As the United States population grows (from 3.9 million in 1790 to more than 308 million in 2010), so does the US Census Bureau’s use of innovative technology to capture, process, and publish the results. Quill and ink give way to punch cards, electronic tabulators, and eventually today’s big data databases.
IBM computer scientist Dr. Edgar Frank “Ted” Codd publishes a paper, “A Relational Model of Data for Large Shared Data Banks,” outlining the relational model for database management. The relational database and structured query language (SQL) change the face of business computing forever.
Inspired by Codd’s paper, Relational Software Inc. (RSI)—which became Oracle in 1982—develops the first relational database management system (RDBMS) for the commercial market. RSI releases Oracle Version 2 in 1979, and the rest, as they say, is history.
—Master Control Program, disappointed with Sark, from the movie TRON (1982, Walt Disney Productions)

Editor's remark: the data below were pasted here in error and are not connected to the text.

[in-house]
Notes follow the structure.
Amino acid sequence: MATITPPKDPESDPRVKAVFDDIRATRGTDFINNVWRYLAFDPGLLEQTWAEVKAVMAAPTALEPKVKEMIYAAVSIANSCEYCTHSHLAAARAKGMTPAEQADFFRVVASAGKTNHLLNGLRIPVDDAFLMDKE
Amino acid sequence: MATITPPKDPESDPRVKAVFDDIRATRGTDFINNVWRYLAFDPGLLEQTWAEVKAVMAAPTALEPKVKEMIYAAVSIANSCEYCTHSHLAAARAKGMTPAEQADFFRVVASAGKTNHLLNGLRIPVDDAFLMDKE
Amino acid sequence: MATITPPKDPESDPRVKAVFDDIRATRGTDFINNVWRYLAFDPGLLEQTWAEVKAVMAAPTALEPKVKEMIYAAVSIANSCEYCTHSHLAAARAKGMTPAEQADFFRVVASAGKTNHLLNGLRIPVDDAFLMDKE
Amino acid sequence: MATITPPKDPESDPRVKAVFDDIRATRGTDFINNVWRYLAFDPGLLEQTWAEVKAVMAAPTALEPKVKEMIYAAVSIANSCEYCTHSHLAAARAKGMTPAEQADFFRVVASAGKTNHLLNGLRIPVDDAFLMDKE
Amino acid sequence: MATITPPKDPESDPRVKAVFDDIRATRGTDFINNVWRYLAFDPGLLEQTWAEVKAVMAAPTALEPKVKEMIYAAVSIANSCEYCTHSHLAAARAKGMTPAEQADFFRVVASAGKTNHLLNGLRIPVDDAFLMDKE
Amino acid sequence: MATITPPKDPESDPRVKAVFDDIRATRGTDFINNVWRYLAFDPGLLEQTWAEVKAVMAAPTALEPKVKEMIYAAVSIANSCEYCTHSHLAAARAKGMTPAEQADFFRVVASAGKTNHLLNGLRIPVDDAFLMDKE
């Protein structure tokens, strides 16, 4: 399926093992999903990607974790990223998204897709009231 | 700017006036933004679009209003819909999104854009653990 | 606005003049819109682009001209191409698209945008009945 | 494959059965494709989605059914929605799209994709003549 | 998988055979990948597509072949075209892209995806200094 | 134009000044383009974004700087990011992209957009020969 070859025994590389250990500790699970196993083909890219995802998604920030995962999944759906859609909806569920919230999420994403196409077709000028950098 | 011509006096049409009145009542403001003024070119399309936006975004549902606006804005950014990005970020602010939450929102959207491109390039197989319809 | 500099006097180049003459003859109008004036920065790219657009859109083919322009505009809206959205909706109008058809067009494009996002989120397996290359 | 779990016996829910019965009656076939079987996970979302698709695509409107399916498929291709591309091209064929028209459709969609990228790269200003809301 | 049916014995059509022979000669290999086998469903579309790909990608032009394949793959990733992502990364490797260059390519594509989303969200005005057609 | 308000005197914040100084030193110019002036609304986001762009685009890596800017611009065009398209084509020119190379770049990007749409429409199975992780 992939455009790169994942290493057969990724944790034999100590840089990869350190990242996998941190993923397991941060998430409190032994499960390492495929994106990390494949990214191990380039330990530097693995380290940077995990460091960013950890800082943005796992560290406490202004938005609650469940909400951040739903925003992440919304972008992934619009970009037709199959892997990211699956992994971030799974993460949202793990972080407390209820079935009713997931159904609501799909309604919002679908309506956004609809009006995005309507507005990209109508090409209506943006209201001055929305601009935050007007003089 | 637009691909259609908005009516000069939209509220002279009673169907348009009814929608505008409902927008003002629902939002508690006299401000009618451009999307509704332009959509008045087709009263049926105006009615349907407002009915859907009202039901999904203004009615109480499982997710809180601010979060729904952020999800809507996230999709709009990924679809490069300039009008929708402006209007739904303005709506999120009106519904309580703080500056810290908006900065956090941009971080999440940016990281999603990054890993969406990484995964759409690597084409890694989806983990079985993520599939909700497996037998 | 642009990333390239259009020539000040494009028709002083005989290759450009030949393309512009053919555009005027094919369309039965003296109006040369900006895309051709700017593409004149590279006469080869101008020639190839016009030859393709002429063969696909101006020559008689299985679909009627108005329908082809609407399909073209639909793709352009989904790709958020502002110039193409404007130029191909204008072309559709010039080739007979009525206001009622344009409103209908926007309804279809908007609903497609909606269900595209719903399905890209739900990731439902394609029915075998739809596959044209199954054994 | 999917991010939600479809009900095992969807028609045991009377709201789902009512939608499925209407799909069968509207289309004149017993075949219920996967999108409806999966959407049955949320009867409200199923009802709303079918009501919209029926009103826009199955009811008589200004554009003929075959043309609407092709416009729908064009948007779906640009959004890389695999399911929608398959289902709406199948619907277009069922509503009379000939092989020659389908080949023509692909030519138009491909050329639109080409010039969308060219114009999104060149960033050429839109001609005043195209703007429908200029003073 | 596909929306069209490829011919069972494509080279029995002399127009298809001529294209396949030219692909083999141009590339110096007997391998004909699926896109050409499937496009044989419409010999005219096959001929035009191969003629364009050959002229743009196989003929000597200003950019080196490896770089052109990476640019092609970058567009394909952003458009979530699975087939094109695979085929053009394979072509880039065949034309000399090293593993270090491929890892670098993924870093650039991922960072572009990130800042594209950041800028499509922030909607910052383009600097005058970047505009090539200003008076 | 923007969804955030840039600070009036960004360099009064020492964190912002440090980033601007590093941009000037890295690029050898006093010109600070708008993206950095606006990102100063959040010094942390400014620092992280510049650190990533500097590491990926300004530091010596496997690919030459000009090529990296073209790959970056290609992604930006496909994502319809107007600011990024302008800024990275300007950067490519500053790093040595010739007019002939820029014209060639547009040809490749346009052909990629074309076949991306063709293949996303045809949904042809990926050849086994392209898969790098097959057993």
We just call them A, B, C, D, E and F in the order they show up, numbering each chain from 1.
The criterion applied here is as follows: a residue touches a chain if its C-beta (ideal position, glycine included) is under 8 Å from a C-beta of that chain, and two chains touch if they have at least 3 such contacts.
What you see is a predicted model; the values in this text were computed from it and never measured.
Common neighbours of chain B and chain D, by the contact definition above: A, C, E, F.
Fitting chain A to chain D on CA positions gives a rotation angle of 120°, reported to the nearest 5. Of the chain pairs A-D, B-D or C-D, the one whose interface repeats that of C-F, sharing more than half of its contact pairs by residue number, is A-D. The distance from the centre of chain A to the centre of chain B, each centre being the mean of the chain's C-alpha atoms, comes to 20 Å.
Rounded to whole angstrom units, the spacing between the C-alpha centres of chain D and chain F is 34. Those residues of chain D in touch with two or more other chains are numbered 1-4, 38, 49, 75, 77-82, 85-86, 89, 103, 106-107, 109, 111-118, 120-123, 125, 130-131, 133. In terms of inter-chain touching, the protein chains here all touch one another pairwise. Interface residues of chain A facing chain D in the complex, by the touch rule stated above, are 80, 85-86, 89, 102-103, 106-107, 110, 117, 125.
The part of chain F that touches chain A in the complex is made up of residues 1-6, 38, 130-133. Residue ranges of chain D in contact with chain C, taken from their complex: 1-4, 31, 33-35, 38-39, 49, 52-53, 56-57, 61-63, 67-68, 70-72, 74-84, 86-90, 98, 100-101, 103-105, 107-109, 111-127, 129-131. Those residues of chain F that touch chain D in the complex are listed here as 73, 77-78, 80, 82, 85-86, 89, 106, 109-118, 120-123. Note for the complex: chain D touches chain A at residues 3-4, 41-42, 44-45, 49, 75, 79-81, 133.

Pocket calculator?! How about a smartphone?
The i is for internet, and with support for Java, HTTP, new Web development tools, and a file system for internet-ready data, Oracle8i Database is an internet computing platform, allowing any type of data to be managed from a centralized server and accessed from any client, across any network.
Who made your first database? We asked our Facebook fans, and here’s what they said:
The g is for grid—as in a utility grid, but for compute power. The first self-managing, grid-ready database, Oracle Database 10g takes manageability and performance to new levels while ushering in the era of commercial grid computing.
The c is for cloud, and with a new pluggable architecture, Oracle Database 12c brings secure multitenancy to the cloud. Learn more about Oracle Database 12c in the next issue of Oracle Magazine.
Photography byRicardo Gomez Angel,Unsplash